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Timing window in NPTL fork.c causes hangs.

One of our larger application is experiencing hangs and we have tracked
this down to interaction between fork/atfork and the malloc
implementation. We have a simplified test case (attached) that
illuminates this problem.

Basically the NPTL fork is not atomic to signal due to the at_fork
handling which must run before (atfork prepare) and after (atfork parent
and child) the fork syscall. The GLIBC runtime uses atfork processing
internal to insure correct behaviour for the parent and child after the
fork. This includes IO and malloc, for example the calloc contains the
following code sequence:

    /* Suspend the thread until the `atfork' handlers have completed.
       By that time, the hooks will have been reset as well, so that
       mALLOc() can be used again. */
    return public_mALLOc(sz);

This is no problem as long as fork processing continues and call the
malloc atfork parent/child handler.

However the code in sysdeps/unix/sysv/linux/fork.c is exposed to signals
interupting its operation. If the thread calling fork is interrupted by
a signal, after it has processed atfork prepare handlers but before it
has processed the atfork parent handles, and the signal handler blocks
for any reason (sigsuspend or attempts IO) the process can hang. For
example any other thread attempting to call malloc will wait for the
atfork handlers to release the "list_lock" but the thread processing the
fork in now blocked and can not proceed. If the forking thread is
dependent on one of the other threads to wake it (via signal) that
thread may block on the list_lock first and now we have deadlock.

So is it OK for NPTLs fork implementation to not be atomic relative to

>From the POSIX spec we see statements like:

13089 ... Since the fork ( ) call can be considered as atomic
13090 from the applicationâs perspective, the set would be initialized
as empty and such signals would
13091 have arrived after the fork ( ); see also <signal.h>.

In this case fork is definitely not atomic.

So what should we do about this? One possible solution is to use the
signal mask and disable async signals for the duration of __libc_fork().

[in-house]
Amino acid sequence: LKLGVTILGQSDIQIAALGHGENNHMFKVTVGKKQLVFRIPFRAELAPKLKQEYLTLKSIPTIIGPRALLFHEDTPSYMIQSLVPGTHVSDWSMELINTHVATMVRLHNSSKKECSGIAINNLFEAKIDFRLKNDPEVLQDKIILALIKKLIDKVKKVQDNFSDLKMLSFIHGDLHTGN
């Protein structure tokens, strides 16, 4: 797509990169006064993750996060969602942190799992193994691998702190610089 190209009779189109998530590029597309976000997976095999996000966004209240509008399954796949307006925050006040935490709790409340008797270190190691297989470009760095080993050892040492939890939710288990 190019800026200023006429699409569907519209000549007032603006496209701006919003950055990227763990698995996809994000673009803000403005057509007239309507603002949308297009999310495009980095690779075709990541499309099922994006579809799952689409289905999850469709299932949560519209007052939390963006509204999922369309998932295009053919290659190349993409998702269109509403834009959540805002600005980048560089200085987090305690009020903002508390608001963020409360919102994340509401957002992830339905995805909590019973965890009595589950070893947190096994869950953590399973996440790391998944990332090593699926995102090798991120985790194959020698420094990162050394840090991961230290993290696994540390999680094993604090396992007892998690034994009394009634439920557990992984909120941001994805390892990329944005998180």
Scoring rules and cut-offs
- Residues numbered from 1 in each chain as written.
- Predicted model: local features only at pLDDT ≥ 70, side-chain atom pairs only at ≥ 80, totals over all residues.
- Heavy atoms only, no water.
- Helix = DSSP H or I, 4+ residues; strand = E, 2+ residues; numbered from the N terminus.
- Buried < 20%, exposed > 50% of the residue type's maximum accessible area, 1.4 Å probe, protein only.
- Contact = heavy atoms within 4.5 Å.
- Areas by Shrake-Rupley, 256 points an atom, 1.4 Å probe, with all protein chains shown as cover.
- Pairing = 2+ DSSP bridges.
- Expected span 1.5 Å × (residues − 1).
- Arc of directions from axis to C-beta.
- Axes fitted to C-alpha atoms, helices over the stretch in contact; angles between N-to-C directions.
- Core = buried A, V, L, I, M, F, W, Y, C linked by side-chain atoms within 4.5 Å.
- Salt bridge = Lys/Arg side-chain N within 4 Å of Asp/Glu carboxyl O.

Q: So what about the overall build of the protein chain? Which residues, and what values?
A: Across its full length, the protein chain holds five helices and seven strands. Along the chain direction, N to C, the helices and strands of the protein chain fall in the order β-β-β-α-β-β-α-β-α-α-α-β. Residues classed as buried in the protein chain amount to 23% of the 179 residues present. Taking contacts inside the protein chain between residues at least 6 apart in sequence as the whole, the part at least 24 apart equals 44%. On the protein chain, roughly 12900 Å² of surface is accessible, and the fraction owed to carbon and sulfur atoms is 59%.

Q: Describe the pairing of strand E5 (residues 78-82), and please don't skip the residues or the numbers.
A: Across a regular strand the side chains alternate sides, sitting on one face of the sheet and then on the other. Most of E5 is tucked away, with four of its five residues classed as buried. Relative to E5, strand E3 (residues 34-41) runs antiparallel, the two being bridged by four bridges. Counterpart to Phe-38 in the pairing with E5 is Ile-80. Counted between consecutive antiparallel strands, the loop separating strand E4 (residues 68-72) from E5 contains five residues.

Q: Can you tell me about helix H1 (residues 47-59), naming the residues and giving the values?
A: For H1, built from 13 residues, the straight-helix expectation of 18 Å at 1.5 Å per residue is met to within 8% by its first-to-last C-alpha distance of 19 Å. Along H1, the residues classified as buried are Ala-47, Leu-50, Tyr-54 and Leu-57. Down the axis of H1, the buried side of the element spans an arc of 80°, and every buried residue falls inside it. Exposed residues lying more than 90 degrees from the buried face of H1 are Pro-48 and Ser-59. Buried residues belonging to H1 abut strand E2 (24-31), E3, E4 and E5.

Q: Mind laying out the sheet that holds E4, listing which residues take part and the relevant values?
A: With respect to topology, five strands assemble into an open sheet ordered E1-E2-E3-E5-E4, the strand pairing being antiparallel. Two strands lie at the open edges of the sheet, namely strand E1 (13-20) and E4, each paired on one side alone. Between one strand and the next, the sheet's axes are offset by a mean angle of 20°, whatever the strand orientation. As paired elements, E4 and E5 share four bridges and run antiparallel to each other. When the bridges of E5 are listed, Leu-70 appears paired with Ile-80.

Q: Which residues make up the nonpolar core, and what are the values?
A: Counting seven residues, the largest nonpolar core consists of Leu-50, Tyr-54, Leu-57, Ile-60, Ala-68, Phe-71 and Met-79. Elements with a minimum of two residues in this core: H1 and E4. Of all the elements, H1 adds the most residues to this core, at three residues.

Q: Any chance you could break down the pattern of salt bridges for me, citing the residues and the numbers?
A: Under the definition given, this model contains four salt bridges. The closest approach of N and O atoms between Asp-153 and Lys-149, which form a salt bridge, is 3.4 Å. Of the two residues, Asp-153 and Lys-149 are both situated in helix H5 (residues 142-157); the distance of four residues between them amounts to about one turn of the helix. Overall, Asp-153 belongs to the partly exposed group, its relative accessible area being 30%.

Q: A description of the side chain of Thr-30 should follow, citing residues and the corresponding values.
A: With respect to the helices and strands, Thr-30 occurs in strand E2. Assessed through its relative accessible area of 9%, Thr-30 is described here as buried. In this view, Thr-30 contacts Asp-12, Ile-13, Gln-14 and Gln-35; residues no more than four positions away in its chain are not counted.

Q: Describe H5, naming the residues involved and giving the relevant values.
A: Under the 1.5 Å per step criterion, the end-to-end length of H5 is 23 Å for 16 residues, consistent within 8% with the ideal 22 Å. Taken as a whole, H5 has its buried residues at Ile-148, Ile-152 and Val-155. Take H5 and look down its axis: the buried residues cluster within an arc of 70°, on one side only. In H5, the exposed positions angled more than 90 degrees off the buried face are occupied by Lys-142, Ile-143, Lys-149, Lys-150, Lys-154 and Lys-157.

Or at least from just before atfork prepare processing to after atfork
parent/child processing.

We have experimented with this in our application (masking signals
before the fork call and restoring them after in the parent and child).
And this does seem to elliminate the hang.

But should we change the libc NPTL fork implement to use signal masks to
give the application the appeirence that fork is atomic?
#include <pthread.h>
#include <stdlib.h>
#include <stdio.h>
#include <string.h>
#include <unistd.h>
#include <sys/types.h>
#include <signal.h>
#include <stdio.h>

#define CALLOC_NMEMB 10000
* This testcase has 4 threads. The main thread simply starts the other threads
* and then sleeps on a pthread_join. The forkingThread repeatedly calls 
* fork. The signalingThread repeatedly signals the forking thread, which  
* causes the forking thread to do sigsuspend. The third thread repeatedly 
* callocs and frees memory. Only when it is done with the calloc does it 
* signal the suspended thread to continue. The theory is that when the forking 
* thread gets suspended in the right place, it is holding a lock that the
* callocing thread needs to continue, so the calloc thread hangs waiting on 
* that lock, and it cannot signal the forking thread to continue, creating a 
* deadlock. 

int killflag = 1;
pthread_t forkThread;
pthread_t sigThread;
pthread_t calThread;

void  sigusr1Handler(int signum){
	sigset_t set1;
	sigdelset(&set1, SIGUSR2);
	killflag = 1;

void  sigusr2Handler(int signum){

void* callocingThread(void *ptr)
	int * memptr;
		memptr = calloc(CALLOC_NMEMB,4);
		if (!memptr){
			fprintf(stderr, "calloc failed\n");
		pthread_kill(forkThread, SIGUSR2);

void* signalingThread(void *ptr)
		if (killflag) {
			killflag = 0;
			pthread_kill(forkThread, SIGUSR1);

void* forkingThread(void *ptr)
	pid_t pid;
	int i;

	struct sigaction sigusr1_action;
	struct sigaction sigusr2_action;


	sigusr1_action.sa_handler = &sigusr1Handler;
	sigusr2_action.sa_handler = &sigusr2Handler;

	sigaction(SIGUSR1, &sigusr1_action, NULL);
	sigaction(SIGUSR2, &sigusr2_action, NULL);

		pid = fork();
		fprintf(stderr, ".");
		if (pid == 0){
		/* child */
		} else if (pid > 0) {
		/* parent */
		} else {
			fprintf(stderr, "fork failed\n");

int main(int argc , char *argv[])

	pthread_create(&forkThread, 0, &forkingThread, 0);
	pthread_create(&calThread, 0, &callocingThread, 0);
	pthread_create(&sigThread, 0, &signalingThread, 0);

	pthread_join(forkThread, NULL);

	return 0;

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